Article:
“When you start playing gigs, there’s a lot of familiar faces plus a mix of clubbers and it in time it grows which makes you evolve as an artist in a very organic sense,” Rao said in an email.

In the commercial market of Bollywood sound, Ashrafi Oshidar said the competition causes DJs to take low pay just to get a gig. However, Oshidar said playing what her boss – the audience – wants gets her good gigs.

“I never say what is this girl doing or what is this guy doing, I just do my own thing,” Oshidar said.

Apart from competition, DJs with fewer years of experience in the scene look to veterans of the industry – Ma Faiza, Pearl and Ayesha – for inspiration.
Priyanjana Ghoshal got her first gigs by opening for Pearl, and then she dived into deep house, opening for Ma Faiza.

Vying for gigs makes competition unavoidable, she said, but in her experience, DJs help each other out.

“It’s not like we’re in touch on a day-to-day basis, but that’s support,” Ghoshal said. “If tomorrow someone asks me can you give me someone’s number, of course, if I’m not doing a gig I will pass it on to somebody else.”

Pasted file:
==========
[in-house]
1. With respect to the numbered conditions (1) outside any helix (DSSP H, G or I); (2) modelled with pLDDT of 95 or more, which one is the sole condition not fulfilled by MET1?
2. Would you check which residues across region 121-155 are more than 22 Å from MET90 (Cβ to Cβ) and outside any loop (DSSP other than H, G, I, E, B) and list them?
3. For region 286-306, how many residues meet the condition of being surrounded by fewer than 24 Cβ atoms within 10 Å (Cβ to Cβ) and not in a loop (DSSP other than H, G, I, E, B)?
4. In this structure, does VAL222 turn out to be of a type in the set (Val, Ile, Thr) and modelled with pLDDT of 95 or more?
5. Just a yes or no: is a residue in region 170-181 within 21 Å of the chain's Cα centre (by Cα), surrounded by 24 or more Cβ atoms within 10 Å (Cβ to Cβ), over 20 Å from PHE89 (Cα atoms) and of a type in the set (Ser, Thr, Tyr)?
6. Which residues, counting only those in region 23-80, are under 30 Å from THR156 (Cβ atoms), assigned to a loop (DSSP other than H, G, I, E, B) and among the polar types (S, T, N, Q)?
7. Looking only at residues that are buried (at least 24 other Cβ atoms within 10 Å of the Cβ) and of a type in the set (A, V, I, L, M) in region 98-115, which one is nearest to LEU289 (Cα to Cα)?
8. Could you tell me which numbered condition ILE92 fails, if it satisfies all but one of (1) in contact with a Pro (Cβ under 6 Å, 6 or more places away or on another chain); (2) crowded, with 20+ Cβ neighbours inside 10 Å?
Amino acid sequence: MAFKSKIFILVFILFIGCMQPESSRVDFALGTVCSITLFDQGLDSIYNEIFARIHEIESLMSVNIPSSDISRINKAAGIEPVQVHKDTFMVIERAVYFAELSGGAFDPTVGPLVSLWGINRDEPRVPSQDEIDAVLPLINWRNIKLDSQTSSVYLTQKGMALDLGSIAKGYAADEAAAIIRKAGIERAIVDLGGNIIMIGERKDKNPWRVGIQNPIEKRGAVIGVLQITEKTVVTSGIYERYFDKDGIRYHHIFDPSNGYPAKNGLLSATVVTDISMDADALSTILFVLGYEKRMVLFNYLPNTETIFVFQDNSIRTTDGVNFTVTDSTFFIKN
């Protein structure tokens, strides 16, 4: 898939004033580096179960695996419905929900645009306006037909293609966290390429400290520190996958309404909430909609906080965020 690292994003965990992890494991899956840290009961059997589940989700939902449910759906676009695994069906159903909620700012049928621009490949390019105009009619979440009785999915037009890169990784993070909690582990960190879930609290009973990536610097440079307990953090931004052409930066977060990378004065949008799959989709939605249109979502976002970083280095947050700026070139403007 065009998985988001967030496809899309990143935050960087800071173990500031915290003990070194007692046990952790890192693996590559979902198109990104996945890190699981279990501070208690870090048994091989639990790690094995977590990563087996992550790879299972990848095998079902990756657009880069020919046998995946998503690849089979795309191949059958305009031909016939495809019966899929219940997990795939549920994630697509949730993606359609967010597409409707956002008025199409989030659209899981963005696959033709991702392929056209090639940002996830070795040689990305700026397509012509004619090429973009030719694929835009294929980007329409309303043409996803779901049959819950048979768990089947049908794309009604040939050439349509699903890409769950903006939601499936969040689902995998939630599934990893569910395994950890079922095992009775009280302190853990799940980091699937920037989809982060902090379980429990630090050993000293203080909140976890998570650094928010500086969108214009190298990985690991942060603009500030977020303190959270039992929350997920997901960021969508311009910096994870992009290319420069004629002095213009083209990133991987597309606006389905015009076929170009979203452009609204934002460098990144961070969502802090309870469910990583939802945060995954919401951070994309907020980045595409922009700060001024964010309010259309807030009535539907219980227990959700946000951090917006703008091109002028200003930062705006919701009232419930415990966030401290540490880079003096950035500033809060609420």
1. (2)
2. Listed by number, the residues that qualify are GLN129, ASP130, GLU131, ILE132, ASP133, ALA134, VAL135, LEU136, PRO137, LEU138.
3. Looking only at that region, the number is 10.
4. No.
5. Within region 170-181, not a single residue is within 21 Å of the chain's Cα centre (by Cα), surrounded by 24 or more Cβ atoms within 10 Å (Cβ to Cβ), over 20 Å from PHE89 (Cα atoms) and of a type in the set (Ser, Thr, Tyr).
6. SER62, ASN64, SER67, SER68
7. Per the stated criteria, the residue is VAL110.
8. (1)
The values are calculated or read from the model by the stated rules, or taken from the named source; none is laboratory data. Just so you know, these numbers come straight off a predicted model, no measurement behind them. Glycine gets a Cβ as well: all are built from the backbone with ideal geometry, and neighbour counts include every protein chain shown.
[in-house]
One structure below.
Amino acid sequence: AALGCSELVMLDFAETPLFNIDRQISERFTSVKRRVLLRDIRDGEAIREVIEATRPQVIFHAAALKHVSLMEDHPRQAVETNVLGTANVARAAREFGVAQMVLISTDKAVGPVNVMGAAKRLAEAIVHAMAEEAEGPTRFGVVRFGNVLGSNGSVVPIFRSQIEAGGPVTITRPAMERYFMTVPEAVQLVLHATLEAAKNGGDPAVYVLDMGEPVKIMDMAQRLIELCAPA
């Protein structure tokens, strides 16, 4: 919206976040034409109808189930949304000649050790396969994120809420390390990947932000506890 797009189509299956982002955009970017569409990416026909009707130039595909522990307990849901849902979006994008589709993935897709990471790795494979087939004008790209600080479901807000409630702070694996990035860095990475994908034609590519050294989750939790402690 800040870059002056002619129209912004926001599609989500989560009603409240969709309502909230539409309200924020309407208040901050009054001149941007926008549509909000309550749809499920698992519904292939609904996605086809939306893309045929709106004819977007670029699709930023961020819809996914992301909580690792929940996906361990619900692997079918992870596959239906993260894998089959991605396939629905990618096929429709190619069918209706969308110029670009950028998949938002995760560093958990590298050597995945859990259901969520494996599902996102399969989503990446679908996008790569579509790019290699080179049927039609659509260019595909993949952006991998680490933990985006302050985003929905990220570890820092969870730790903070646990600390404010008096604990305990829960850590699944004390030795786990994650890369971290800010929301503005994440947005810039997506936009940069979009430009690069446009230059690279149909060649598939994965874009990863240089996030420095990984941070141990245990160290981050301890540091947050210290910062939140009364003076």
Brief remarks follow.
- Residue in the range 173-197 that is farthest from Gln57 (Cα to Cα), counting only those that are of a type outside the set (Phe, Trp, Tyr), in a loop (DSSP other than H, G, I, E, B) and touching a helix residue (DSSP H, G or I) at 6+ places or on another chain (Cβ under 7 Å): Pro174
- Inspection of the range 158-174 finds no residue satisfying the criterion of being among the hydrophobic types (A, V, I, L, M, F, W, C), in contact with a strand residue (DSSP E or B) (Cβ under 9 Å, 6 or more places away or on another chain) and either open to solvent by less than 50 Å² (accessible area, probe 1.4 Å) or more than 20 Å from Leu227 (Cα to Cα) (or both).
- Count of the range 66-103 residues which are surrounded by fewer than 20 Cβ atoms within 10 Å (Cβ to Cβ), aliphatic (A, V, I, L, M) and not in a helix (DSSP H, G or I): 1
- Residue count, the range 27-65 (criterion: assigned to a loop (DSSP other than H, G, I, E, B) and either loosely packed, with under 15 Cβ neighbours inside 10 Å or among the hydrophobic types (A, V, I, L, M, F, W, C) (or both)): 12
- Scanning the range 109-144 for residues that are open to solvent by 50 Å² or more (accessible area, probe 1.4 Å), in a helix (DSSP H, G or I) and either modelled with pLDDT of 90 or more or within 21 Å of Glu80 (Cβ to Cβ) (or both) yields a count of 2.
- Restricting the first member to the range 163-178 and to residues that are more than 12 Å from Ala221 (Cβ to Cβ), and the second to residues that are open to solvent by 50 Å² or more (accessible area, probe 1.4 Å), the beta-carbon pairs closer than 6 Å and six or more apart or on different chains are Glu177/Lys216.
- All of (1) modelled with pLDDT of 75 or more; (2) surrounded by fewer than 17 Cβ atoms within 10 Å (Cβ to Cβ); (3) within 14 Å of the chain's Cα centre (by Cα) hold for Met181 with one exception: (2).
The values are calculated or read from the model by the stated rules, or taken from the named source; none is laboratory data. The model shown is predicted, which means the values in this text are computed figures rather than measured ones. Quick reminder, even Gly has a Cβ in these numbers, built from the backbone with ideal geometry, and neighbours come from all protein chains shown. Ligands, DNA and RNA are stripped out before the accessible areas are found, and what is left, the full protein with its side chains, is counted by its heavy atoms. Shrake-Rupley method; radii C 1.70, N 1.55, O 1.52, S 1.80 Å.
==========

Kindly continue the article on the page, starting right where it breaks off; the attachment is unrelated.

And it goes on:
The electronic scene in India is naturally supportive. Ma Faiza, who is also known as the "Mother of Electronic Music in India,” has never felt the need to hide the fact she is a lesbian, partially because she never received any backlash or homophobia from anyone in India.
Ma Faiza, a.k.a. the
"Mother of Electronic
Music in India," poses
for her Birthday Tour
picture. (Via Aabhishek
Mikael Gunaratnam)
One teenage boy came up to her and said he printed a huge poster of her and hung it on his wall, which shocked Ma Faiza, considering her childhood friends kept pinups in their bedrooms.

“It’s mad, all because it’s the power of be ‘you,’ because if I can do it, you can,” she said.

The Ma Faiza experience is about acceptance, she said. Fans find it inspiring when they see Ma Faiza’s mother in the crowd, cheering her on. Some teenagers listening to her music feel their parents might not relate if they are rooted in traditional values, Ma Faiza said.

“These young kids, they can never imagine a time when they could go out with their parents because the gap between their parents and the children it’s really, really strong,” Ma Faiza said.

Savitha Bala, known on stage as Digital Hippie, has visited Germany, California and Georgia, but she felt the deepest connection to Goa as a performer and a resident.

“It was the lifestyle of the people,” Bala said. “They were just so colorful and free and amazing, so I just wanted to be a part of it.”

In Goa, Bala’s music – which merges ethnic beats, funky jungle sounds, and classical and jazz vibes – is well-received. Bala said she might be the only woman playing to that niche of listeners, but the scene is open to the idea of innovative musicians.

“It’s a very exciting time. We have electronic music festivals, the field itself has opened up, so why not, why wouldn’t girls wanna do it?”